Globally, more than seven million people die from diseases caused by tobacco use every year, including hundreds of thousands from second-hand smoke exposure.
This is 7 million too many, and yet still the number is rising. Every single death from tobacco is a preventable tragedy.
In Bangladesh, tobacco shapes the ill-health of many people. More than 22 million Bangladeshis smoke, most being males. While very few Bangladeshi women smoke, 18.7 million women use smokeless tobacco and are at risk of cancer.
The deaths and the suffering from diseases that tobacco causes have wide-reaching impacts on the health and well-being of individuals and their families, the prosperity of communities, and equality within our societies.
As in every country, tobacco acts as a bottleneck to escaping poverty, trapping households in cycles of spending that limits their ability to fund essentials. Studies have found that tobacco use in Bangladesh accounts for a significant proportion of household expenditures, resulting in lower expenditures for food and education in low-income households.
In households that used tobacco, it has been found that approximately 5.5% of expenditures were for tobacco-attributable illness. Use of tobacco can impoverish families through high medical expenditures associated with tobacco-related diseases and lost household income due to illness and death.
The poor end up paying
Consequently, the economic burden of tobacco use falls disproportionately on the poor, as they tend to be the least able to afford needed medical care.
The economics of tobacco control is not only the concern of tobacco users, nor is it only the concern of those who set policy. It is unavoidably a multi-sectoral issue that must be tackled beyond the health sector
Tobacco’s public health and economic burden is increasingly carried by low and middle-income countries (LMICs) rather than the prosperous. In LMICs in particular, and especially those with similar economic profiles to Bangladesh, the burden from tobacco is only rising. Already, over 80% of global deaths from cancer, diabetes, heart and lung disease, all of which using tobacco increases the risk of, occur in LMICs.
Coping with tobacco-related disease limits capacity to address other priority health areas, build sustainable health systems, and provide basic health services. In Bangladesh, diseases and deaths from smoking are estimated to be responsible for 7% of total health costs or close to Tk2,200 crores in avoidable health care expenditures per annum. The total economic loss from smoking is Tk16,000cr per year, equivalent to about 1.4% of annual gross domestic product (GDP).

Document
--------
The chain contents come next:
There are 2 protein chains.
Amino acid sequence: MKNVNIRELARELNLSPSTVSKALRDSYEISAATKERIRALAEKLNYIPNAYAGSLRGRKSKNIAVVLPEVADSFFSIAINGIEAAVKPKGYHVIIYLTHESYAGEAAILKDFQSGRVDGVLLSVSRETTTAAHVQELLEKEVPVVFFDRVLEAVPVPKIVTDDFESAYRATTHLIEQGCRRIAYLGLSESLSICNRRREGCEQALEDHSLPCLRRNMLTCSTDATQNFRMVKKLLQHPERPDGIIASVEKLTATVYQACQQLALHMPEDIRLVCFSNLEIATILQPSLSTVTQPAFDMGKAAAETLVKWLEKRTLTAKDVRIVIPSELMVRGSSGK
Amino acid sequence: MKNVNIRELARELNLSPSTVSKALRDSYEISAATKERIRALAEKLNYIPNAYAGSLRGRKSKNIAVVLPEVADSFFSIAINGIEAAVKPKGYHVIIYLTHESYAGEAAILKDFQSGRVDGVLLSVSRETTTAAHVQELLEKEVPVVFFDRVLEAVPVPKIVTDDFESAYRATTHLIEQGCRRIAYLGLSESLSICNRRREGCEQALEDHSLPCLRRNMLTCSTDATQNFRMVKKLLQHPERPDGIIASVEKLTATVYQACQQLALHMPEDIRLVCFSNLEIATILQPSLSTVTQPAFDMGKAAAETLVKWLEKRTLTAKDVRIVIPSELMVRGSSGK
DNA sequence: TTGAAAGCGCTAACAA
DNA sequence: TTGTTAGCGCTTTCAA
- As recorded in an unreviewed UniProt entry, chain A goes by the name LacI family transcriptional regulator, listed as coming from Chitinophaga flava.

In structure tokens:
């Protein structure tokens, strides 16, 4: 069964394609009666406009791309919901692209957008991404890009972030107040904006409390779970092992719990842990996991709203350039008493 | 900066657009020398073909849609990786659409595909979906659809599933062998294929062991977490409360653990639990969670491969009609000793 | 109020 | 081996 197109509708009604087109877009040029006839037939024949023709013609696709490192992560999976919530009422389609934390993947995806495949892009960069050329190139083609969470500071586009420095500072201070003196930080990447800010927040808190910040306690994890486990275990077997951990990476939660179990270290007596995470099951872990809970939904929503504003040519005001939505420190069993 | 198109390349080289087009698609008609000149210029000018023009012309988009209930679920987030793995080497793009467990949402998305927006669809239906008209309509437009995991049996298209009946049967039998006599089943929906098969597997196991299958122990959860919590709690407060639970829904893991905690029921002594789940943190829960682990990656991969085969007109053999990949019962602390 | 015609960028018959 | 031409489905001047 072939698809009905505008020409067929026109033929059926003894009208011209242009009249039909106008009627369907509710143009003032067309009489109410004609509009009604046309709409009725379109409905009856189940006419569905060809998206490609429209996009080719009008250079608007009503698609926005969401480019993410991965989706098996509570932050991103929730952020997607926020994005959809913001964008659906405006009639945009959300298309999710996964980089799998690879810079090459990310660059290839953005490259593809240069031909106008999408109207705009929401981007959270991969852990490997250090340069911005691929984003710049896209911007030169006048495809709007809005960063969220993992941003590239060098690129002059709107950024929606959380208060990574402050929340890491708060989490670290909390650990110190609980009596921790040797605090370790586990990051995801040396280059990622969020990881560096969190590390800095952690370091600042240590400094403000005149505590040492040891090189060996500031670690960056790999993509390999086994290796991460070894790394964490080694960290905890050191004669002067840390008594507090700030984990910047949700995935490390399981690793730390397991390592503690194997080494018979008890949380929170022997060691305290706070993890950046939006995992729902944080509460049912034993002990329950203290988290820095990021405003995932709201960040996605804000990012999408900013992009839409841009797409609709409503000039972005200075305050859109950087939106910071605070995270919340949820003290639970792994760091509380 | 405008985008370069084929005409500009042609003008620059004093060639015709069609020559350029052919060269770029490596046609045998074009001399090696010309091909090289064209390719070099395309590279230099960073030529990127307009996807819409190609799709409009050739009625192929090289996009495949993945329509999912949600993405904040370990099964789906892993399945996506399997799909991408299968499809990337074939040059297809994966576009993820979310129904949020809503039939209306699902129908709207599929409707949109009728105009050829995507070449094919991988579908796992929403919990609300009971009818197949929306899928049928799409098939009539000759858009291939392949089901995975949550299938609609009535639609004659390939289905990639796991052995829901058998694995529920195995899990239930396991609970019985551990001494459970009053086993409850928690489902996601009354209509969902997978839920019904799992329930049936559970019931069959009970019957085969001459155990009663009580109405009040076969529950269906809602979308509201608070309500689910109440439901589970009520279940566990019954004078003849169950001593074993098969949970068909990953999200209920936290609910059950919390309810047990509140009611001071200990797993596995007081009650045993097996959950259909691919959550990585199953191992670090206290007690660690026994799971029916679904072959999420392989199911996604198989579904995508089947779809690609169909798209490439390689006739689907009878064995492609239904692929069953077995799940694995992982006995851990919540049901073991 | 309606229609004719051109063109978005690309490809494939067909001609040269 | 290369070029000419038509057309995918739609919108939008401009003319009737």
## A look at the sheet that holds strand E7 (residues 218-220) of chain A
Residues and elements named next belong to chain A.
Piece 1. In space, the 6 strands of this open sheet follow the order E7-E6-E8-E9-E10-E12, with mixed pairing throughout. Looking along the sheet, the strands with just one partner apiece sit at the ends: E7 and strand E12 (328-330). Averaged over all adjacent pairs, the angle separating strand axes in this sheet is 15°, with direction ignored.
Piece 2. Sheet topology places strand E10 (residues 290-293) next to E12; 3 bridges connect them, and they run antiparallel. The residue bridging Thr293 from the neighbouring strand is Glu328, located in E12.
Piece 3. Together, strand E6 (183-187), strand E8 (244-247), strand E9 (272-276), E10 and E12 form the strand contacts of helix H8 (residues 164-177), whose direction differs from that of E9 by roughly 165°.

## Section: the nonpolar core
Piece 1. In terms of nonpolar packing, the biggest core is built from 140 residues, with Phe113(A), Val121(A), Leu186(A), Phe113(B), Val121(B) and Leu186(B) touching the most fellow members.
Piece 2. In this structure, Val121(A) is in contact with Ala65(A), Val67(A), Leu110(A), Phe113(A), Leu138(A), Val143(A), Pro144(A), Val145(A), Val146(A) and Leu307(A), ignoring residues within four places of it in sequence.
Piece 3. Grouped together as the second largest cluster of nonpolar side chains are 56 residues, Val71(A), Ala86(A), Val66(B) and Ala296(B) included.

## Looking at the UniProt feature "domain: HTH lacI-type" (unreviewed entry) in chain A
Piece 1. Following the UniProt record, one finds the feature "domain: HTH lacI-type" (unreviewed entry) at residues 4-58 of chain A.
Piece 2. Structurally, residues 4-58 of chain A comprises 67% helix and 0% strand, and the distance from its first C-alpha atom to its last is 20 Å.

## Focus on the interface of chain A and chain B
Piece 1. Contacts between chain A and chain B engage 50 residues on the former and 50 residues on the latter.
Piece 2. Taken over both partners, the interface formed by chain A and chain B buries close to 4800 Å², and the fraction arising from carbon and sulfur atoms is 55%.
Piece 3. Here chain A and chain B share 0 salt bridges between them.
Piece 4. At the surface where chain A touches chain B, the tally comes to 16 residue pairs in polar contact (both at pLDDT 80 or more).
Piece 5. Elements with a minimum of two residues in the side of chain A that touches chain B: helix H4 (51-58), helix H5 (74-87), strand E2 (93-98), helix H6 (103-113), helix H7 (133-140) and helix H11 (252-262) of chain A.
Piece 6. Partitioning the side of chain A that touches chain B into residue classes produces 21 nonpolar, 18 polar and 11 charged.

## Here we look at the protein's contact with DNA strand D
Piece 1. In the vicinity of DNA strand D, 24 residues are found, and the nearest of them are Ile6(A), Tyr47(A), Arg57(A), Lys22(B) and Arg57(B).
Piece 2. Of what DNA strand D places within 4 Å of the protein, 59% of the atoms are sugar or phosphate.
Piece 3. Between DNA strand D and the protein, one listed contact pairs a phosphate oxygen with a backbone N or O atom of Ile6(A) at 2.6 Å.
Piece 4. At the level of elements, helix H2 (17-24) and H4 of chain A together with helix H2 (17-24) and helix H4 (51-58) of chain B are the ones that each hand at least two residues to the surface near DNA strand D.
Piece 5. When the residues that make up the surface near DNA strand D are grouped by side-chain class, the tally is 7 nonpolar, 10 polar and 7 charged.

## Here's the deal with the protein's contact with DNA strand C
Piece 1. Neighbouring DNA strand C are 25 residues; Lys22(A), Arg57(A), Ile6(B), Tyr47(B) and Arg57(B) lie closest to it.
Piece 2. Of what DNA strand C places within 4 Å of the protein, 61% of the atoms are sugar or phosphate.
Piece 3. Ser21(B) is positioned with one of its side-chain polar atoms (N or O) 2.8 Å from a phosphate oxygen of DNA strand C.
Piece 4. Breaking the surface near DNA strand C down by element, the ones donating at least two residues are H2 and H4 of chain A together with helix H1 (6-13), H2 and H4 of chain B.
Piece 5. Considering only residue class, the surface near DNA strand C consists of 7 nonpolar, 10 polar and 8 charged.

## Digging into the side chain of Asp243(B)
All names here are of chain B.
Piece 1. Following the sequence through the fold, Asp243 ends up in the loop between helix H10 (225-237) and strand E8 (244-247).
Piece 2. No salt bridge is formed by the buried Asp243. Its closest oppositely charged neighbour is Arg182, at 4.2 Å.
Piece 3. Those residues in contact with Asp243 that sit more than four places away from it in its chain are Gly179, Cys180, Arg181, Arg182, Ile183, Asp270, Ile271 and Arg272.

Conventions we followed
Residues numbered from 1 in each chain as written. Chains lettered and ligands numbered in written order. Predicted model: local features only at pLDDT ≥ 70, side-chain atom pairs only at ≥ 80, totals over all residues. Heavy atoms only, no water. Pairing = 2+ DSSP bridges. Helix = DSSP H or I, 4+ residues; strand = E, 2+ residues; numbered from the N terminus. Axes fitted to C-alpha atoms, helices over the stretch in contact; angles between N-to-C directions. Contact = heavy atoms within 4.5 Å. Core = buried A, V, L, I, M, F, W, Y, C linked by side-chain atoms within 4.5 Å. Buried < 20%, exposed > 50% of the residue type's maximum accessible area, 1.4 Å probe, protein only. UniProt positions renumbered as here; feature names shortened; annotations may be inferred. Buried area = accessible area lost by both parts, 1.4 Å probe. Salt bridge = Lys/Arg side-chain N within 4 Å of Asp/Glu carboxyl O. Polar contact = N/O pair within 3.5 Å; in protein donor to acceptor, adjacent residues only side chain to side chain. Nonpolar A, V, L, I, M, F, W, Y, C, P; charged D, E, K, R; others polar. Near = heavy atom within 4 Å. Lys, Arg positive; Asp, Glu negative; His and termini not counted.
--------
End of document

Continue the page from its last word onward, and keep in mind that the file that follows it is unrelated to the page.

Fundamentally, tobacco curbs the development of nations. This is why the World Health Organisation and partners have focused on the links between tobacco and development for this year’s World No Tobacco Day, on May 31.
Opportunities in tobacco
Despite the gloomy numbers and forecasts on the huge financial burden on health systems and economies, opportunities can be found in the economics of tobacco control.
Revenue potential from tobacco taxation, for example, is substantial, as are the gains in reducing tobacco use prevalence.
Revising Bangladesh’s current tax structure for cigarettes could create a 3-4% decline in cigarette smoking prevalence over two to three years, and generate up to Tk3,900cr extra tax revenue in the 2017-2018 fiscal year.
This could be an important revenue stream to finance universal health coverage in Bangladesh and priority health prevention and promotion programs of the government.
The economic and health gains of tobacco control in Bangladesh can be amplified further with stronger enforcement of the Smoking and Tobacco Products Usage (Control) Act, and implementation of Article 5.3 of the World Health Organisation Framework Convention on Tobacco Control, which calls for protection of tobacco control policies from commercial and other vested interests of the tobacco industry.
The economics of tobacco control is not only the concern of tobacco users, nor is it only the concern of those who set policy. It is unavoidably a multi-sectoral issue that must be tackled beyond the health sector, covering issues as broad as reducing poverty, building sustainable agricultural systems, environmental protection, international trade agreements, tackling the illicit flow of tobacco products and tax avoidance.
Bangladesh must prioritise and accelerate tobacco control efforts as part of the response to the 2030 Agenda for Sustainable Development, for tobacco control is more than a health issue; it is a matter that should be taken seriously for the development, future and prosperity of Bangladesh.
Dr N Paranietharan is a World Health Organisation (WHO) Representative to Bangladesh and Dr Kelly Henning is Director of Bloomberg Philanthropies Public Health programs.